The Priests of Mammon at a Pandemic

They’d told us that markets are wiser than states,
that nothing exists but demand and supply,
that crumbs from the greater would drop from on high
as food for the lesser to spread on their plates.

A plague struck the earth: an invisible stain
which silenced the preachers of profit and greed.
Then nurses, not bankers, stepped up to our need
and states and society flourished again

until it was over. We’d buried the dead.
The preachers emerged with a sigh of relief.
‘That sad interruption was mercifully brief,
and “Business as usual” from now on,’ they said.

Camden Town

21 Apr 2020

Before Paul had replied to the version of the poem above, I’d already changed it to:

They told us that mammon is wiser than states,
that sanctity dwells in demand and supply,
that crumbs from the greater will drop from on high
as food for the lesser to spread on their plates…

Then plague struck the earth: an invisible stain
which tarnished the glitter of profit and greed,
and nurses, not bankers, stepped up to our need
and states and society flourished again

until it passed over. We buried the dead.
The priests re-emerged with a sigh of relief.
‘That sad interruption was mercifully brief,
and “Business as usual” from now on,’ they said.

He agreed that this second version was better than the first, but quite correctly asked how an invisible stain could tarnish glitter. So I had another think. Here’s the third and, I hope, the final version:

They told us that mammon is wiser than states,
that sanctity dwells in demand and supply,
that crumbs from the greater will drop from on high
as food for the lesser to spread on their plates…

Then plague struck the earth: its invisible hand
unsettled the copestones in temples of greed,
and nurses, not bankers, stepped up to our need,
and dissident doctrines were heard in the land,

until it passed over. We buried the dead.
The priests re-emerged with a sigh of relief.
‘That sad interruption was mercifully brief.
It’s business as usual from now on,’ they said.

I’m rather pleased with ‘invisible hand’, because of the ironic reference to Adam Smith, although it could be criticised as excessively learned. And I’m pleased to have maintained the religious metaphor throughout. Heaney admirers will notice a similarity with his line near the end of ‘Anything Can Happen’, that extraordinary updated version of one of Horace’s odes:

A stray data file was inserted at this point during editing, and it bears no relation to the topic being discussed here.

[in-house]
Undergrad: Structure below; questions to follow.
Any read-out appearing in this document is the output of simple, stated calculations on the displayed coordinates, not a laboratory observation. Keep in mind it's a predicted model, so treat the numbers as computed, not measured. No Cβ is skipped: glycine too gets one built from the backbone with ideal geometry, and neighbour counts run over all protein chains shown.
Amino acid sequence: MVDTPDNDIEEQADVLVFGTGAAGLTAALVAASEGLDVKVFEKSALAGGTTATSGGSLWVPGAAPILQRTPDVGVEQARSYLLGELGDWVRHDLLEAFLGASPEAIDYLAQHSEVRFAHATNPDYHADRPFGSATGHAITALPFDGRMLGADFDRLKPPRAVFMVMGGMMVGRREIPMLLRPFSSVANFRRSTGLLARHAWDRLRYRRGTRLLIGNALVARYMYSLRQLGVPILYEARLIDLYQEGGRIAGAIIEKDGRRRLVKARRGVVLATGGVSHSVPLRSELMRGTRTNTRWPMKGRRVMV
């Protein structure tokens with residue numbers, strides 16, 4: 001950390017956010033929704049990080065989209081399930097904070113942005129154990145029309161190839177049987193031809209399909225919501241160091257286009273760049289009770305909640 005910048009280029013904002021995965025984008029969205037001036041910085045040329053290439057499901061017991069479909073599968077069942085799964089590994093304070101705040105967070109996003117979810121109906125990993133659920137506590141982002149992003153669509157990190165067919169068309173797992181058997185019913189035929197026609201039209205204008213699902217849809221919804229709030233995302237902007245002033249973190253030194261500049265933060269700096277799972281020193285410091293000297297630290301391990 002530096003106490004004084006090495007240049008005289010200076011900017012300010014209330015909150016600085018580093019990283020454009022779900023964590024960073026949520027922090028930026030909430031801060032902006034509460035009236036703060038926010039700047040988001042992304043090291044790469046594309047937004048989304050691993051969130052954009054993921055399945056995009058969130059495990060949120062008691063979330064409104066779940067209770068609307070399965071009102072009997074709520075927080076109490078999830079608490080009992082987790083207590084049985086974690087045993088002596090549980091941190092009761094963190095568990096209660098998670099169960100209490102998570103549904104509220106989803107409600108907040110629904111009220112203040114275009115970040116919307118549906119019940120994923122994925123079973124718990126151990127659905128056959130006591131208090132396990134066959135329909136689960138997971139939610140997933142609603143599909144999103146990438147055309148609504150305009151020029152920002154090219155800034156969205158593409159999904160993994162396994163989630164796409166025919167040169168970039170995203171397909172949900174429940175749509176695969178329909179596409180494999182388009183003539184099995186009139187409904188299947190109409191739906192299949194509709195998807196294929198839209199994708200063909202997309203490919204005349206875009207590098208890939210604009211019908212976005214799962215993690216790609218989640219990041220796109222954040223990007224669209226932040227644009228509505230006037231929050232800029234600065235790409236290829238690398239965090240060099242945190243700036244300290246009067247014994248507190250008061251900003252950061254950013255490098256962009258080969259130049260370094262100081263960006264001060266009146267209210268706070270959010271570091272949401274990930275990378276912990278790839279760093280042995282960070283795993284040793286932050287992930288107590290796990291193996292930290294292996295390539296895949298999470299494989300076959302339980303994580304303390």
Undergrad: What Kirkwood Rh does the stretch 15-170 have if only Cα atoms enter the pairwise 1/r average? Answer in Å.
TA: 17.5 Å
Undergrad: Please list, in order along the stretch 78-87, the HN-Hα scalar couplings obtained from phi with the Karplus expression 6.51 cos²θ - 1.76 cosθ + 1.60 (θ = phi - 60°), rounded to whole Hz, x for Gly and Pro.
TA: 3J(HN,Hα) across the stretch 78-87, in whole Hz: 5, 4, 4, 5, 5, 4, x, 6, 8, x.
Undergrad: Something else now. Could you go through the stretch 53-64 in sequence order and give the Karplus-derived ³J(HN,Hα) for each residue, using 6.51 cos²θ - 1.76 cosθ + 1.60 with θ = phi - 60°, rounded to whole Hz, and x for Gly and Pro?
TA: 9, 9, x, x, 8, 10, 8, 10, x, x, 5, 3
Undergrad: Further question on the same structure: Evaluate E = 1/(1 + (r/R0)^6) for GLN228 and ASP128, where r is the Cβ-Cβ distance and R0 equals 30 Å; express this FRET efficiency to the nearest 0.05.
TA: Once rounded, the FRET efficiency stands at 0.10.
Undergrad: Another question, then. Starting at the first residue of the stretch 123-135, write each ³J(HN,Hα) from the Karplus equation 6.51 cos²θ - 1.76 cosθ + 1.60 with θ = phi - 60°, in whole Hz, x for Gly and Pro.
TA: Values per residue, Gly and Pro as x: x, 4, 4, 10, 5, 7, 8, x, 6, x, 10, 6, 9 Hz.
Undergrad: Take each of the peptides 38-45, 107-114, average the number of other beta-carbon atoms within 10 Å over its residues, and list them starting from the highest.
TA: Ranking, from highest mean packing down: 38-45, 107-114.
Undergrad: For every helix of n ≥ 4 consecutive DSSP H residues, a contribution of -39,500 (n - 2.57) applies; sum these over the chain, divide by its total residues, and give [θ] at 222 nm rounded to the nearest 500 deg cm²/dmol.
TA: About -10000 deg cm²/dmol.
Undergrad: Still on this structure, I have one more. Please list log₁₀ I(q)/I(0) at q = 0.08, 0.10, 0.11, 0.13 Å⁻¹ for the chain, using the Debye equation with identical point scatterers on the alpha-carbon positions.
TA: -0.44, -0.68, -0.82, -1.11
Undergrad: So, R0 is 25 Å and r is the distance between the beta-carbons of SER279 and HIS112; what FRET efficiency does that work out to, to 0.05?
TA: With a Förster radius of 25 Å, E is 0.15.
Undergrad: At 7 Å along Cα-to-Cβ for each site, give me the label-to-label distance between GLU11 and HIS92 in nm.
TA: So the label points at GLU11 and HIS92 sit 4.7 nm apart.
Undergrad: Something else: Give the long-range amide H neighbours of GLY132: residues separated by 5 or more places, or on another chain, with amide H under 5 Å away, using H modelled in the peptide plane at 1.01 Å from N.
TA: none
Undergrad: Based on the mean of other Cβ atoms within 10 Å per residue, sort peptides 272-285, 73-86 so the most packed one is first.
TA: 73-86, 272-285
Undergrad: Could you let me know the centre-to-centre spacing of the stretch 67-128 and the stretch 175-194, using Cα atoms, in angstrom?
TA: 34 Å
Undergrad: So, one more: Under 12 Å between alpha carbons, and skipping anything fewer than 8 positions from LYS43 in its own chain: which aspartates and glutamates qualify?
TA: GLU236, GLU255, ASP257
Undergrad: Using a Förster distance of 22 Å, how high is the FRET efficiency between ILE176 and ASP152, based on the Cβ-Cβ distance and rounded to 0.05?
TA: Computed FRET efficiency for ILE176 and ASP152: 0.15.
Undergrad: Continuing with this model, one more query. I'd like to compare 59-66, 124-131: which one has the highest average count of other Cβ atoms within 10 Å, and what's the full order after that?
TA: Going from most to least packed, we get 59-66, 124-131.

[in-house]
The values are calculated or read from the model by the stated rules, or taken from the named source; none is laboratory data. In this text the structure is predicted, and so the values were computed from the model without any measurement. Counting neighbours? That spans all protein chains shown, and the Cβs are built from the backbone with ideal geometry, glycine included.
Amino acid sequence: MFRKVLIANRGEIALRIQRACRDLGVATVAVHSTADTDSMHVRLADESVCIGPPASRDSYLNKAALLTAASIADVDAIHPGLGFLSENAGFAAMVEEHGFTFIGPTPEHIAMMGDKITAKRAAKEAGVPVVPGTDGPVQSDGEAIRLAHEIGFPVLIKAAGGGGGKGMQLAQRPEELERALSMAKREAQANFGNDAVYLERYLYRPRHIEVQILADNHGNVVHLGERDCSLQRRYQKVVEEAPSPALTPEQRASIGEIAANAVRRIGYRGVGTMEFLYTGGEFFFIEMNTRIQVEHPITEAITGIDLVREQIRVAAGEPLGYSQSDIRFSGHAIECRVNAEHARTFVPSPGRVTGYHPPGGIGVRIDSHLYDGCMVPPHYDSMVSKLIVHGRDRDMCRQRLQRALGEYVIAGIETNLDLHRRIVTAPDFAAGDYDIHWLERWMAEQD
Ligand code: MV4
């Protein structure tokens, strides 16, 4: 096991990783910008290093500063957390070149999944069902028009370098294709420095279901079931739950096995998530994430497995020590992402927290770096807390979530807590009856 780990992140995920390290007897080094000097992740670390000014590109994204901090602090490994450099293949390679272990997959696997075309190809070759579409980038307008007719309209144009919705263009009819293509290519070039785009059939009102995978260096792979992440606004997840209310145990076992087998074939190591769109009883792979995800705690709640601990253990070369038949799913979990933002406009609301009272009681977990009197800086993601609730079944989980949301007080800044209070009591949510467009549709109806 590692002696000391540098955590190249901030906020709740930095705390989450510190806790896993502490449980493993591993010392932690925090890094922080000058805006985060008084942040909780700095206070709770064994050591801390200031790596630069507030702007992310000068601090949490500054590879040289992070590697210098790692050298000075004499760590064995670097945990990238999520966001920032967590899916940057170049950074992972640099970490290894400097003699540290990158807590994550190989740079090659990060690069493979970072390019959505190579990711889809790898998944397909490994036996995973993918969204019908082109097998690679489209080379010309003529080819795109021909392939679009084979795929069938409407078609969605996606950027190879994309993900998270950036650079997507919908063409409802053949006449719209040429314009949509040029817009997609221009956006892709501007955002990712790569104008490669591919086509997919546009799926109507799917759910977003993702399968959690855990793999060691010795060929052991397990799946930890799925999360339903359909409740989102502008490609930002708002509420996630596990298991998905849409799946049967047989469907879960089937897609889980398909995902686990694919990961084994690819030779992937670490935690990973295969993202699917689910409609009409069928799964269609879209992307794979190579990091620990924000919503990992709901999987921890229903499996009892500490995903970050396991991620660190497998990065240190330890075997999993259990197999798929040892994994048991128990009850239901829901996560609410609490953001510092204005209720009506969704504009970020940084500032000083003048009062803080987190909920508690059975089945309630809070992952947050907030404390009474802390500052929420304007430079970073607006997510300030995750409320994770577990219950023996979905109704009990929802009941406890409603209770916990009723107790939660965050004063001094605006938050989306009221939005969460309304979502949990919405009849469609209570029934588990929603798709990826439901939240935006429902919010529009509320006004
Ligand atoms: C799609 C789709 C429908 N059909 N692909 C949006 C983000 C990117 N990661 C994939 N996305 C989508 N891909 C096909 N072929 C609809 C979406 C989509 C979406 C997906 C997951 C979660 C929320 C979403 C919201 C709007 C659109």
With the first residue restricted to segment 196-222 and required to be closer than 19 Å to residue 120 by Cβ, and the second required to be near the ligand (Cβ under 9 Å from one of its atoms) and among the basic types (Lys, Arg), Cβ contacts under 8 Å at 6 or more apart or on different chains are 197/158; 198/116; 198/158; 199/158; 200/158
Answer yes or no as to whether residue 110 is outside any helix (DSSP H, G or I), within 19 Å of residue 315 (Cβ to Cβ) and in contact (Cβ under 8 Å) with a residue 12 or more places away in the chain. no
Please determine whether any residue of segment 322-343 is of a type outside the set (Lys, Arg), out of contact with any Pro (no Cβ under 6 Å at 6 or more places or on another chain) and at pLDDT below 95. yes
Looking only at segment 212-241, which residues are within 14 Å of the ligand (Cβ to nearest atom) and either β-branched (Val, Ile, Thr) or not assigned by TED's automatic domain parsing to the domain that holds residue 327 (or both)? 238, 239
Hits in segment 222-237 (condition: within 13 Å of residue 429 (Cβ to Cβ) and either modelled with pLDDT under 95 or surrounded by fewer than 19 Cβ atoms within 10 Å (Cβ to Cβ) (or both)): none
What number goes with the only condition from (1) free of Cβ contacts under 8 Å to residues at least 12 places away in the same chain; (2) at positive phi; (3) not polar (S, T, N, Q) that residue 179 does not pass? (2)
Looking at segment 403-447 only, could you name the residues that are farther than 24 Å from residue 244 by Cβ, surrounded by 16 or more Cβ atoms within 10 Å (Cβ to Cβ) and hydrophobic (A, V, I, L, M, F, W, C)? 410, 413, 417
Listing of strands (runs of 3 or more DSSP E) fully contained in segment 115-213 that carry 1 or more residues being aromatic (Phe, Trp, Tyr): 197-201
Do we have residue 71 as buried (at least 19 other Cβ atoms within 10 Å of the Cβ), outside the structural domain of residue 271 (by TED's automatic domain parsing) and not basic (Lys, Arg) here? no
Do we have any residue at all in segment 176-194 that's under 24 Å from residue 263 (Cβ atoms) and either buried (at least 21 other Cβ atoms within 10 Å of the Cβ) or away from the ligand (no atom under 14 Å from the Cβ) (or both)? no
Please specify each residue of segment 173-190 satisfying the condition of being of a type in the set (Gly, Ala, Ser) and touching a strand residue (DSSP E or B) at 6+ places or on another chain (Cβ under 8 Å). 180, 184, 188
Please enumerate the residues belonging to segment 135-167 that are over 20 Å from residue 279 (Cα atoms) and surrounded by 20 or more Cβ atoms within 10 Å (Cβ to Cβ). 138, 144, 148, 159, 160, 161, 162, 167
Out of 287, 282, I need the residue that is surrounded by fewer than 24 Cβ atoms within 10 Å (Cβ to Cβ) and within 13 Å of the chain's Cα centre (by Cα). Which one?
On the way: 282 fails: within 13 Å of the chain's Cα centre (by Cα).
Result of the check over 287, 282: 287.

‘Capstones shift, nothing resettles right.’

I’ve been editing a second book by Peter Hetherington, to be called After Words. It’s a collection of his prose, poetry and pictures. Stephen Mellor is doing a wonderful job with the design.

I’ve just finished reading or re-reading all Herbert’s lyric poems, in the awesomely scholarly Oxford edition containing all his works, including great swathes of Latin.  The very last poem in the collection published in 1633 as The Temple, ‘L’Envoy’, isn’t one of his best: not up the standard of ‘Prayer’, ’The Collar’, ’The Pulley’, ‘The Pearl’, ‘Love (III) — Love bade me welcome but my soul drew back…’ or ‘Jordan (I) — Who says that fictions onely and false hair / Become a verse?’ But here it is.

‘King of Glorie, King of Peace
With the one make warre to cease;
With the other blesse thy sheep,
Thee to love, in thee to sleep.
Let not Sinne devoure thy fold,
Bragging that thy bloud is cold,
That thy death is also dead,
While his conquests dayly spread;
That thy flesh hath lost his food,
And thy Crosse is common wood.
Choke him, let him say no more,
But reserve his breath in store,
Till thy conquests and his fall
Make his sighs to use it all,
And then bargain with the winde
To discharge what is behinde.

Blessed be God alone,
Thrice blessed Three in One.

Finis.’  [That is, the end of the whole book.] 

I can’t con the last lines of the last poem in a book of devout verses in any way other than that Herbert is telling ‘sinne’, defeated by God, to fart, so as to be humiliated in that way.  The scholarly but perhaps prudish Canon Hutchinson says nothing about it in the notes. I consulted Paul, and he is as puzzled as I am. As he writes: ‘I still can't quite believe he would end the whole highly devotional work with such a rude gag — but there it is.’

Herbert is a very great poet, and would be if he’d only written the poems I mention above. I’ve always thought the label ‘metaphysical’ unfortunate, because although he, Donne, Vaughan, Marvell and others do discuss philosophical matters, the peculiar genius of the best works of the best of the 17th-century lyric poets — by which I mean the four I’ve named — is that they are physical, not metaphysical.  Doctor Johnson’s disapproval is to blame. Wikipedia tells me that Johnson ‘refers to the beginning of the seventeenth century in which there “appeared a race of writers that may be termed the metaphysical poets”… he was probably referring to a witticism of John Dryden, who said of John Donne: “He affects the metaphysics, not only in his satires, but in his amorous verses, where nature only should reign; and perplexes the minds of the fair sex with nice speculations of philosophy, when he should engage their hearts, and entertain them with the softnesses of love. In this... Mr. [Abraham] Cowley has copied him to a fault.”’  I’d rather an inch of Herbert or Donne than yards and yards of Dryden or Pope.  So perhaps Herbert did intend the whole book to end with that most physical of references. 

Camden Town